2birdfeature #7: Striking Warblers

Warblers are a big deal during June in Newfoundland. They come in, guns blazing, ready to party. Ready to sing all hours of the morning and night and make babies. It looks like they're having a lot of fun. Really, they're desperately trying to pass on their genetic material and guard their nests while hopefully not being eaten. Less pleasure, more business. I chose two bright, summery little warblers for today's post to spite the coming Newfoundland weather. Our winters are rough, guys. First of all, it's Canada. Second, we're on a giant rock in the middle of the North Atlantic. Allow me the summery warblers, please.

YELLOW WARBLER

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The term "migratory" refers to movement. Across the globe, or perhaps a few kilometres. MIgratory birds spend different parts of the year in different places with great purpose. Each place constitutes the perfect conditions for a specific species' breeding and wintering seasons. June in Canada is a great place to hatch chicks. It's not too hot and not too cold. And O, the trees!

Yellow Warblers winter in the southern United States, Central America and South America (Bolivia and Amazonian Brazil). They eat insects and the occasional berry. They're quite abundant in the world and a common sight at backyard bird feeders.

MAGNOLIA WARBLER

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Magnolia Warblers winter in Central America and the Carribean. They eat mostly moth larvae and spiders. They're common despite their long-distance migration, though slightly less common in recent years due to deforestation.

This Sunday on the blog: a mammal that lives deep in the Louisiana bayou!

Birds of River Ridge Farm, My Home

While River Ridge Farm is, of late, garnering more attention for its miniature donkeys (cue adorable baby born just last month)... 20130519-DSCN0337

...I have found that the diversity of birds that live here share an almost equal intrigue. Colorado is a great spot for birds. Period. It lies on the border of the Pacific and Central flyways and has many great bird life events like mass migrations, leks and a large-scale altitude coverage with many ecozones. And growing up in the Rocky Mountains had its perks, let me tell ya. I could (and still can) look out the window of my home on River Ridge Farm and see ten different passerine birds in the willow tree out back. This is overstimulation for me. Too exciting.

Resuming my coverage of my trip home to Hotchkiss, I thought I would share some pictures with you of birds that frequent the farm where I grew up.

Let's get back to those Black-chinned Hummingbirds. They are stunning, are they not?

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Later in the summer, a handful of other hummingbird species will make this valley their home. I was once swarmed by hundreds of Ruby-throated Hummingbirds at Black Mesa Lodge, a beautiful cabin in the mountains where folks throw parties and weddings. One of the clumsy little fellows smashed into a large picture window and I recall my exaltation as I picked him up, stroked his tiny belly and watched the sense come flooding back into him. He sat perched on my index finger for some time until I placed him on the branch of a tree and watched him speed away. The entire bird seemed to weigh less than a robin feather, if you can believe it.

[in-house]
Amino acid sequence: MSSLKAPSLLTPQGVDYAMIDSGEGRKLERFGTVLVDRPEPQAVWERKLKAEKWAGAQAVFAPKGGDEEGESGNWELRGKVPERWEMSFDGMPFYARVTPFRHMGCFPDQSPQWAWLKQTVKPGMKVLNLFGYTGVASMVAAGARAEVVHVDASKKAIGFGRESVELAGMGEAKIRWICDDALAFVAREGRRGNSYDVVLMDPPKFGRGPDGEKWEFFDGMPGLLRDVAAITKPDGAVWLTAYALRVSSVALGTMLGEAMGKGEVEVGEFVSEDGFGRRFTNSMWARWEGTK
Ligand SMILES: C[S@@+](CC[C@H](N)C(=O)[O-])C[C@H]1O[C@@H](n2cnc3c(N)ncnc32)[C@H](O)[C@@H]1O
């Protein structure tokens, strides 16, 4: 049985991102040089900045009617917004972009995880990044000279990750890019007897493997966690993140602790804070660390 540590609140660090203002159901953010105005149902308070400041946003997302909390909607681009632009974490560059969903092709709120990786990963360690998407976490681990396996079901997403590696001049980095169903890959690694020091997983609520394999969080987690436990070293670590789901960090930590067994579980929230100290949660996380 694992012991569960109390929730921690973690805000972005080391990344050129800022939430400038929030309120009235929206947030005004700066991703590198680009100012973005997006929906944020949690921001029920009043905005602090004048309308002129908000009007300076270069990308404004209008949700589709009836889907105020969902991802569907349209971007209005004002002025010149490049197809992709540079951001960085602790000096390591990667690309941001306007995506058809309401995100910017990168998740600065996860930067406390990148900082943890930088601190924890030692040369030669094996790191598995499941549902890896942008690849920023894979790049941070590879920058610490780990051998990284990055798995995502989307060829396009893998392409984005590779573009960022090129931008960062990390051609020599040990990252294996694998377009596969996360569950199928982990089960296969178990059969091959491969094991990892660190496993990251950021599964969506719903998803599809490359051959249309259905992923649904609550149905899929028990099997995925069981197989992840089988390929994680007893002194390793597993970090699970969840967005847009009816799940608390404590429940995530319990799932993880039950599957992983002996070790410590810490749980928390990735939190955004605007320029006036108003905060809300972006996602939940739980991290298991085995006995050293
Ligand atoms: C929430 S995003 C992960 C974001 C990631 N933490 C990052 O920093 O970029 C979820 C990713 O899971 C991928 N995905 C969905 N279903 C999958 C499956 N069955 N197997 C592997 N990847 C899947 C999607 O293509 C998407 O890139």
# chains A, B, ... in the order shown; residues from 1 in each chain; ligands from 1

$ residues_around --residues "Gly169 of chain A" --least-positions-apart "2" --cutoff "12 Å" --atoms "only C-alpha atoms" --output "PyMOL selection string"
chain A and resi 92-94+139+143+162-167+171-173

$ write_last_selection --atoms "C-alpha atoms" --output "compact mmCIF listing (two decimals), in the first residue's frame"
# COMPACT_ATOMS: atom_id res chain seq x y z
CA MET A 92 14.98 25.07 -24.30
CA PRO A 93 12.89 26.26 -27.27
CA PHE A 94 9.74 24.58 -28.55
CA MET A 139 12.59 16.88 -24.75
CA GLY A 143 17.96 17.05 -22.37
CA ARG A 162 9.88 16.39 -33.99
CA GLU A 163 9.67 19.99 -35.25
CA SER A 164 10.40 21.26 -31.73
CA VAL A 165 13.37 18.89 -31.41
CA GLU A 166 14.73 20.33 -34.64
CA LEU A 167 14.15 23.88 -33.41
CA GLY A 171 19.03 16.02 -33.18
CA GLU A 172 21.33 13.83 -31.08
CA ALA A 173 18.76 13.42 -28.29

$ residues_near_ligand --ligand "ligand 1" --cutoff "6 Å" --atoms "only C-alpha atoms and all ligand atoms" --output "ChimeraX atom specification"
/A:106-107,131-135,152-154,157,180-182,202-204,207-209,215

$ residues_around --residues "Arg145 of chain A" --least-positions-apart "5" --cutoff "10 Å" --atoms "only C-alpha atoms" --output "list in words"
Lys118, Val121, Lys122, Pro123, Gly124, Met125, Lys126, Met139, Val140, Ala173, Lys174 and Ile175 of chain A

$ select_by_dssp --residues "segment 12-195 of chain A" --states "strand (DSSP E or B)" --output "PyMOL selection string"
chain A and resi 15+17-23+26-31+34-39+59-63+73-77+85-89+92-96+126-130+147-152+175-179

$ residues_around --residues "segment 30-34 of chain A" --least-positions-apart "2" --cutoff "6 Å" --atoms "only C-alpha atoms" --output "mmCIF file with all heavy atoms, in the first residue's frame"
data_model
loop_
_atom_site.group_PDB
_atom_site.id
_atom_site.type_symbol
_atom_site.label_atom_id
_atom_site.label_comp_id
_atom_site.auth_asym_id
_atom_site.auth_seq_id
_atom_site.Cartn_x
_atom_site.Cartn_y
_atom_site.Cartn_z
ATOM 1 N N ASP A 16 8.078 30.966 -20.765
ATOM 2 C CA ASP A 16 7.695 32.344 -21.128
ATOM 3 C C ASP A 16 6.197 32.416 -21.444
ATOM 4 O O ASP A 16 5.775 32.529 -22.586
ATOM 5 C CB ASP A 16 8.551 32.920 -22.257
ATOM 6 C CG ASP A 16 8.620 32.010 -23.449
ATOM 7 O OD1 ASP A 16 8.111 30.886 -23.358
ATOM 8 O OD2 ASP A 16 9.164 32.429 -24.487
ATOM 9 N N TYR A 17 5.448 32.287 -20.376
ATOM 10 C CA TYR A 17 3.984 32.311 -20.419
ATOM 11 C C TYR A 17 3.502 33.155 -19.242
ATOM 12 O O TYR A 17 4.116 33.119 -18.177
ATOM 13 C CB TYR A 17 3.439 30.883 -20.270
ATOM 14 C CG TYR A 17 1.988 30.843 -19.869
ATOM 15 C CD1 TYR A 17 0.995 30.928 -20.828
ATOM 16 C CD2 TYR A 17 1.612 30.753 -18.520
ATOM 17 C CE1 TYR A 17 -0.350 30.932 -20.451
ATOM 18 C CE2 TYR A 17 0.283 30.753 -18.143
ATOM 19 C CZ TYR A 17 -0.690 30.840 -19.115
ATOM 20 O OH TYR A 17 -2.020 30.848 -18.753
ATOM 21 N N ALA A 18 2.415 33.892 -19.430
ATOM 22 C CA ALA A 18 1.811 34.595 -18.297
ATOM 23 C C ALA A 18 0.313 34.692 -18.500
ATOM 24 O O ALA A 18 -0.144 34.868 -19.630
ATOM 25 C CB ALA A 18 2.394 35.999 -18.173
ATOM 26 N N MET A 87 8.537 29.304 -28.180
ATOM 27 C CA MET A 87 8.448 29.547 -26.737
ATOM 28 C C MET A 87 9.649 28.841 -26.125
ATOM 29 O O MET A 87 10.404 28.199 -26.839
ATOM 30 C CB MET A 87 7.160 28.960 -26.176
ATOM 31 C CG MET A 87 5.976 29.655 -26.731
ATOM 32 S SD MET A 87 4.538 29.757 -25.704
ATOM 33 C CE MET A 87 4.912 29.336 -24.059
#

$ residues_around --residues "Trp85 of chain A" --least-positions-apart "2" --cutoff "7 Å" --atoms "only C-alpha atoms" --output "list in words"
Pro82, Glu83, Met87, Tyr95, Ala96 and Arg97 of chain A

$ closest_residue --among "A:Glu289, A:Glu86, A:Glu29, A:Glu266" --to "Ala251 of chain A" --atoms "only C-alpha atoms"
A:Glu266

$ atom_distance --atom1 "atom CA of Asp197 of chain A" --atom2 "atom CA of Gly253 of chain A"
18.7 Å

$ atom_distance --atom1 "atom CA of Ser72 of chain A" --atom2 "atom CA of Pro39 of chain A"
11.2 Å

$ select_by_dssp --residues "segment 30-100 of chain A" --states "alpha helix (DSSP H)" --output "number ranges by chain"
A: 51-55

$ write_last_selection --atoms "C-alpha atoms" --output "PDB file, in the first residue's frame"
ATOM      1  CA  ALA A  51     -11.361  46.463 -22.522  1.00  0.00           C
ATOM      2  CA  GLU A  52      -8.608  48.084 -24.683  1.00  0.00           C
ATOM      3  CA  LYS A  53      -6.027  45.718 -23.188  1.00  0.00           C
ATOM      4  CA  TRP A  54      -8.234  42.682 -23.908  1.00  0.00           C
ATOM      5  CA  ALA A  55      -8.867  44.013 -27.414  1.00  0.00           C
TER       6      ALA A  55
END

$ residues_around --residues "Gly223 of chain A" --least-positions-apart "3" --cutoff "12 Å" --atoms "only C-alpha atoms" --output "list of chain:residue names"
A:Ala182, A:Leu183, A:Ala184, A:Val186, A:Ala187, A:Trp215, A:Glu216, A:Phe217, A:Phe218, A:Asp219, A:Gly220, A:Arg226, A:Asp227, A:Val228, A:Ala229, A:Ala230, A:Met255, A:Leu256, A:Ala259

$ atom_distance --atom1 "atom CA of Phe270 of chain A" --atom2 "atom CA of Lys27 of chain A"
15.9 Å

And what's this trying to sneak a sip out of the hummingbird feeder but a Bullock's Oriole. Beautifully colored birds but frankly, lousy singers and petulant souls when their bill fails to fit into the feeder slot for the millionth time.

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In taking a brief recess from the birds, I would like to share two wonderful things with you. First, a picture of my backyard, as it were. That is Mount Lamborn.

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And second, a photo of the quirkiest guy I know. Dundee, our Westie. I could write volumes on the life of Dundee but I would like to dedicate an entire post to that. Here is Dundee's blue steel face:

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I digress. A Yellow Warbler should get us back on track.

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And take a look at the iridescent head and neck feathers on this Common Grackle (I think Great-tailed Grackles have a bit longer tail than this guy but I could be wrong, both species exist in this area of CO).

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Before you think that songbirds are stealing the show, take note of this female Ring-necked Pheasant that frequented our hay-field every morning that I was home.

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I ended up calling this next American Robin, "Fatsy Cline" because he/she is fat and that's what I call everything that is cute and fat.

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And last, the bird I seek out every time I'm in Hotchkiss for even a day, the Western Meadowlark. One of my all-time favorites because I attribute its song to crisp Sunday mornings in the summertime at home.

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Plus, what's not to love about a round yellow chest sporting a thick black necklace...on things that are not human.

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